One of the major controversies in present-day HPSG is whether the information about a word's argument structure should also be available on this word's phrasal projections. Some works assume that ARG-ST is present on words only; this is the claim of, e.g., Pollard and Sag 1994, Miller and Sag 1997, Abeillé, Godard and Sag 1998, and Bouma, Malouf and Sag (to appear). The reason for this assumption is that it leads to more restrictive grammars: with this restriction, words cannot select their arguments on the basis of the argument structure of these arguments' heads (e.g., there seems to be no language in which a verb selects exactly VPs with an NP[dat] argument). On the other hand, various other works assume the presence of the complete information about a word's argument structure on this word's phrasal projections. This is the stance of, e.g., Grover 1995 (to formulate a fully nonconfigurational binding theory), Frank 1994 (to deal with verb second in German), Frank and Reyle 1995 (to account for the interactions between scope and word order in German), Calcagno and Pollard 1997 and Abeillé and Godard 2000 (to analyze French causatives), Baxter 1999 (in an account of purpose infinitives in English), and Meurers 1999 (to deal with case assignment in German verb clusters).
In this paper, I endeavor to make two kinds of linguistic contribution.
On the theory-internal side, I argue that the issue whether ARG-ST or any such attribute should be present at the level of possibly saturated phrases, in addition to its presence on words, is not an "all or nothing" issue. Although I show that there are some environments in Polish which do seem to require the presence of ARG-ST on phrases, I also link this presence to the common feature of such environments, namely, to their semantic vacuity (understood in the sense of Pollard and Yoo 1998). Although no formal proof can be given that this is the only possible analysis, I try to proceed carefully by examining a variety of possible alternatives and showing that all of them fail in one way or another.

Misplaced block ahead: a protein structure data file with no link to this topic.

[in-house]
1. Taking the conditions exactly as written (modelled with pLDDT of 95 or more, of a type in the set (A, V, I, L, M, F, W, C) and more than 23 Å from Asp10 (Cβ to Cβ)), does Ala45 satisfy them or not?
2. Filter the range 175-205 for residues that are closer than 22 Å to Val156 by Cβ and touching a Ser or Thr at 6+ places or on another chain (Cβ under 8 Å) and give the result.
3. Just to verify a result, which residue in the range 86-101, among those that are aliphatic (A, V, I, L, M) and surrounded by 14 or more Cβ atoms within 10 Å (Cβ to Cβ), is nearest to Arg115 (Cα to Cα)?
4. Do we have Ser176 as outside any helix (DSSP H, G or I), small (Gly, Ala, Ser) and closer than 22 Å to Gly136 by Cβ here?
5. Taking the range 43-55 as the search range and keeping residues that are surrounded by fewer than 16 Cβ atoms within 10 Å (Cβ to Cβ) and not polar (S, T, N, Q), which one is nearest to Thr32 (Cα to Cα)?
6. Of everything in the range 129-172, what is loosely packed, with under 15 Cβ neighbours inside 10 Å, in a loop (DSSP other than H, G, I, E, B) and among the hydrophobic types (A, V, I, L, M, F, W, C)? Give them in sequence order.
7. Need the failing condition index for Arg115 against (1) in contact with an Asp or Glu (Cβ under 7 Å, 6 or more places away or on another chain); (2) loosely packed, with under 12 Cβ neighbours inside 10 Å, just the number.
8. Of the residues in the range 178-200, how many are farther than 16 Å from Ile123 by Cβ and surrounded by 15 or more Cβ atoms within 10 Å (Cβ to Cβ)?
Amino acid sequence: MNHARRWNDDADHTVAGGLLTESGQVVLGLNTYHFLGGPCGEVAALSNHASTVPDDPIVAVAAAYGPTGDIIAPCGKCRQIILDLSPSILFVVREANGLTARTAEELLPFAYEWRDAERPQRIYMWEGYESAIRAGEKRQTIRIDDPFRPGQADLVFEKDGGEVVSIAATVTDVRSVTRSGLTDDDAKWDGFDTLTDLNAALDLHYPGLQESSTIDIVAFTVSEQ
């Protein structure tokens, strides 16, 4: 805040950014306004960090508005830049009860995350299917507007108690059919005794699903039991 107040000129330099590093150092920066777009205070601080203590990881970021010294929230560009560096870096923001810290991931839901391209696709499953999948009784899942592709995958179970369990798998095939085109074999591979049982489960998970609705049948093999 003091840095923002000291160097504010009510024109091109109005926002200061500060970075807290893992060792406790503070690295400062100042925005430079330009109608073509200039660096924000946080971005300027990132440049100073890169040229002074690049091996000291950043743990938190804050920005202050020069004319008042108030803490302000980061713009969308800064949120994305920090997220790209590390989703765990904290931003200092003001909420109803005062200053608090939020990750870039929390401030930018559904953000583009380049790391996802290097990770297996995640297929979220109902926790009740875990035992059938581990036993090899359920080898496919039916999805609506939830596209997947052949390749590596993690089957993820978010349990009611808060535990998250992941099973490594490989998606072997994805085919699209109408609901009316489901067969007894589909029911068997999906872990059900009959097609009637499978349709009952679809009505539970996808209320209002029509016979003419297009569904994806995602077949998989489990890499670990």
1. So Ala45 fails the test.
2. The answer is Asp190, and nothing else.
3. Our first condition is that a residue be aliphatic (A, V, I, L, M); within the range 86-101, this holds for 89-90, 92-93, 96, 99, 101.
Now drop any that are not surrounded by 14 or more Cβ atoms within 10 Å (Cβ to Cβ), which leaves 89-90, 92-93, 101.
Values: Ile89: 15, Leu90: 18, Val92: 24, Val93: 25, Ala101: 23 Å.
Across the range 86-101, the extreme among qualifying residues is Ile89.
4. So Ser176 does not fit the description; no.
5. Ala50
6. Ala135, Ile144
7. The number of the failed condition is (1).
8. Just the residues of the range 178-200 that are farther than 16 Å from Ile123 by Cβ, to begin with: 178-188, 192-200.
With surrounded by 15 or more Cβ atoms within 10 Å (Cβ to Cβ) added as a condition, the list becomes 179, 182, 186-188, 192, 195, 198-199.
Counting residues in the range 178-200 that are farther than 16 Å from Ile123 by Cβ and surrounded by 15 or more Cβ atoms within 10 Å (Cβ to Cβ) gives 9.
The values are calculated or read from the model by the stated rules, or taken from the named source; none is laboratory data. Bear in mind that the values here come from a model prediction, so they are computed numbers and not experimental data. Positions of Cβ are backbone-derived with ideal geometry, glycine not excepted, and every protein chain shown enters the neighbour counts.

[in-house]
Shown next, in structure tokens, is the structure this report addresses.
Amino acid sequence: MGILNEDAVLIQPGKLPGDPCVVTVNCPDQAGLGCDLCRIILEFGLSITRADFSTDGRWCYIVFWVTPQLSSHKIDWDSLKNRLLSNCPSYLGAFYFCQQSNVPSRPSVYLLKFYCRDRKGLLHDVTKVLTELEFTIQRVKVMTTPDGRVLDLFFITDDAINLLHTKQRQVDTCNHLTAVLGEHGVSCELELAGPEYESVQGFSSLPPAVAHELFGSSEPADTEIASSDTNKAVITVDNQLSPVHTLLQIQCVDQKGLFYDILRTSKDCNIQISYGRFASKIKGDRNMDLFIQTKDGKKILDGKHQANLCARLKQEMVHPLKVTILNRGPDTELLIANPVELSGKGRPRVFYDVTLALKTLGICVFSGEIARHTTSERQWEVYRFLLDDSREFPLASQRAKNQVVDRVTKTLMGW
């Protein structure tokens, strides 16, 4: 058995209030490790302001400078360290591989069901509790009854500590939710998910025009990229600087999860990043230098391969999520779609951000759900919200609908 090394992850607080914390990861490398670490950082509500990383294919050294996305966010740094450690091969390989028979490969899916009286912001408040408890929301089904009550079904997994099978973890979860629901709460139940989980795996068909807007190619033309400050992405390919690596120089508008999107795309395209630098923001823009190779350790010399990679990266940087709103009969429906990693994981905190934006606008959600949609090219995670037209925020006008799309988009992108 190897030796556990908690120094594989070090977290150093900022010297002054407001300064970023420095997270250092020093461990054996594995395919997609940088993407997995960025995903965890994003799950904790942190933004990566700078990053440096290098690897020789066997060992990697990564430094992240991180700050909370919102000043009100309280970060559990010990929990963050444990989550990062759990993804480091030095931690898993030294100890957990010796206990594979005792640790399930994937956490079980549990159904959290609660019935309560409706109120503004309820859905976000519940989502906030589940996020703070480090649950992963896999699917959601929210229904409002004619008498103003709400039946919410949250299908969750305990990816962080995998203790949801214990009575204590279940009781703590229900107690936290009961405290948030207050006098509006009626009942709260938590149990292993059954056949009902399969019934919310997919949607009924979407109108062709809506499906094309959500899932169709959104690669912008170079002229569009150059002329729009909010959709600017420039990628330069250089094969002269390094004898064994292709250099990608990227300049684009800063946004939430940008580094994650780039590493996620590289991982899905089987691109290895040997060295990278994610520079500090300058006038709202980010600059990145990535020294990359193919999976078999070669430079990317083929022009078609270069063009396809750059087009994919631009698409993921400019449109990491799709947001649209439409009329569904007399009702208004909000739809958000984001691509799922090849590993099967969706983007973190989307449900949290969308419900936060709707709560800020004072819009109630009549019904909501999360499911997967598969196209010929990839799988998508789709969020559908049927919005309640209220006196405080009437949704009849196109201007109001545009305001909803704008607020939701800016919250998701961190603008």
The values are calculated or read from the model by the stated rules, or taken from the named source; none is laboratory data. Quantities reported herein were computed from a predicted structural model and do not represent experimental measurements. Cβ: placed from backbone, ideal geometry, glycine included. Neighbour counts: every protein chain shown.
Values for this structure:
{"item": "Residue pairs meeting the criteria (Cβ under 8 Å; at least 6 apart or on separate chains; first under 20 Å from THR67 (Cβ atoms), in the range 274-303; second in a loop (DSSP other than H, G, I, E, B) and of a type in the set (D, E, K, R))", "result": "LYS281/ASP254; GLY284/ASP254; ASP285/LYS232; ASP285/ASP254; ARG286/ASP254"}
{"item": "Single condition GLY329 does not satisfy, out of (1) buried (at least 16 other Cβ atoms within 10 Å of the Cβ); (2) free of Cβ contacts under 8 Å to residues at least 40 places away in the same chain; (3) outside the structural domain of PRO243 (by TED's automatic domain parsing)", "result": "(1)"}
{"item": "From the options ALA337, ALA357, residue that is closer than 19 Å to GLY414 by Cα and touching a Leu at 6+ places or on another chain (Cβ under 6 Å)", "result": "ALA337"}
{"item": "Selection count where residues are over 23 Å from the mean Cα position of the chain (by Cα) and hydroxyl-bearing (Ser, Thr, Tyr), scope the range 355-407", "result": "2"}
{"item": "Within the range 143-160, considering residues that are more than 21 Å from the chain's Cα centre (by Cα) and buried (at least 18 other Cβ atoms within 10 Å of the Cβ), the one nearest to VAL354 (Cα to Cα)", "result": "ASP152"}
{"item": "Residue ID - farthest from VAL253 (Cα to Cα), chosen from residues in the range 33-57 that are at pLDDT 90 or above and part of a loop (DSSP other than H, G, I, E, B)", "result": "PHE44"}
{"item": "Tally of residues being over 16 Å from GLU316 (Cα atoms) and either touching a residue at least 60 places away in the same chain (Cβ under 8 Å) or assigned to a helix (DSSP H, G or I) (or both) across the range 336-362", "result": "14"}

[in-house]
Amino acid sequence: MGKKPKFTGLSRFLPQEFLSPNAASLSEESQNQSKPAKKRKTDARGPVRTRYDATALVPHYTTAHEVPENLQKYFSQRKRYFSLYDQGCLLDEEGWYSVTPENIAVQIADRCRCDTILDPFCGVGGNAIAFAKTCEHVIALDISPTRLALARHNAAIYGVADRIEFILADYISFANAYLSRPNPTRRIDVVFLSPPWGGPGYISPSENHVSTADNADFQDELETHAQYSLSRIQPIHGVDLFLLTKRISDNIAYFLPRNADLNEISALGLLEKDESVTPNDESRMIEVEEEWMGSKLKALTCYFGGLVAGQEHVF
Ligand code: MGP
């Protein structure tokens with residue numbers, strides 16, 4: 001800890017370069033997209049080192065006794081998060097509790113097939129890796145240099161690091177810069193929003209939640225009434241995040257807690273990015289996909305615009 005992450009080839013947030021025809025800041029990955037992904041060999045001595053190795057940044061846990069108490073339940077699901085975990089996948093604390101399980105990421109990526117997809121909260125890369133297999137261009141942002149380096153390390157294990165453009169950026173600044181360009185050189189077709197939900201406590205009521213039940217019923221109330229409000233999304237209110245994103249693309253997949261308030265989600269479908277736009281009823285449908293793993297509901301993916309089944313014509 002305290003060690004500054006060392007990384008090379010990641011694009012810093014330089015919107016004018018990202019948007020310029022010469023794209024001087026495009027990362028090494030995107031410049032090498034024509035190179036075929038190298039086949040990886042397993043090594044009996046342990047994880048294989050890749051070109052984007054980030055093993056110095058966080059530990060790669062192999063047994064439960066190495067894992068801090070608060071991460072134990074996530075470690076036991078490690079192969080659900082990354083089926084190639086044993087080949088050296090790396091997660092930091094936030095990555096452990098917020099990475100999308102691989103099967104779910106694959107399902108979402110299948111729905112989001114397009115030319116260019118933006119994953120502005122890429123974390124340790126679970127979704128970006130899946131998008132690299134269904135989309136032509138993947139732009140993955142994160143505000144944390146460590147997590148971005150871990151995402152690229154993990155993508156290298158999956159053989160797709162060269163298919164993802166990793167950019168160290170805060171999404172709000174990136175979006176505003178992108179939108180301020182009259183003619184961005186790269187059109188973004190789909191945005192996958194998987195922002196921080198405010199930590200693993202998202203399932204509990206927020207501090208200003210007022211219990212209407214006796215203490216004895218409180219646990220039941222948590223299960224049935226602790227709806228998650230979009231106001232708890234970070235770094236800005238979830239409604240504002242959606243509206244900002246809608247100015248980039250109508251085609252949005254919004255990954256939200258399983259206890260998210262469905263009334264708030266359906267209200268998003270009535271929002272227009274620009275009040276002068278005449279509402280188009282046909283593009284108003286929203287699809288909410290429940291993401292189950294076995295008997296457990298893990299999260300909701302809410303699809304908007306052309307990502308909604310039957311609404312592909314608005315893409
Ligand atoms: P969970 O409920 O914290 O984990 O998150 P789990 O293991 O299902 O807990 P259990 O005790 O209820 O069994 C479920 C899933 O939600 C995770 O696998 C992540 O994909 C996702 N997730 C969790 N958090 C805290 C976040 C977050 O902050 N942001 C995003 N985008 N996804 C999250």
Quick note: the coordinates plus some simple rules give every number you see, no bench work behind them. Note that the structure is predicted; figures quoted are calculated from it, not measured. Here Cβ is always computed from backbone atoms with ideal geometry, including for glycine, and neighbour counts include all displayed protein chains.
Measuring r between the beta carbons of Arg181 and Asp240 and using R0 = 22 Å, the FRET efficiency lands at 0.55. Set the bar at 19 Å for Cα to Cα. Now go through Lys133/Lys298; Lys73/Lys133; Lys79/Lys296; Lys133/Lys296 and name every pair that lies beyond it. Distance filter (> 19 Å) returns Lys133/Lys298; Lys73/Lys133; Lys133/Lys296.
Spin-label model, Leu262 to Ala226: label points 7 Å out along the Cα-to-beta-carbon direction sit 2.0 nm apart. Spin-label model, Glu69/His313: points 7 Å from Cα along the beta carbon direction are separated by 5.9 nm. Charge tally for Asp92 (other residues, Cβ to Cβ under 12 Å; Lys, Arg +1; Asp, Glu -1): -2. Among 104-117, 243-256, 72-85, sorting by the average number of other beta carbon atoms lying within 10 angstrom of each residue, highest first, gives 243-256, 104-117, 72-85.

Since semantically vacuous environments are extremely rare, the resulting grammar is not less restrictive than, say, a grammar which allows a verb to subcategorize for a lexical argument (and, hence, have access to this argument's ARG-ST), a possibility often taken advantage of in HPSG analyses of complex predicates in various languages.
On the empirical side, I look at two rarely considered and ill-understood constructions in Polish, namely, at "long raising" across a preposition, and at case agreement with predicative phrases. Neither of these constructions has been successfully analyzed so far. Although the analyses proposed in this paper may be perceived as less than satisfactory on the aesthetical side, they constitute the first formal and uniform account of these phenomena.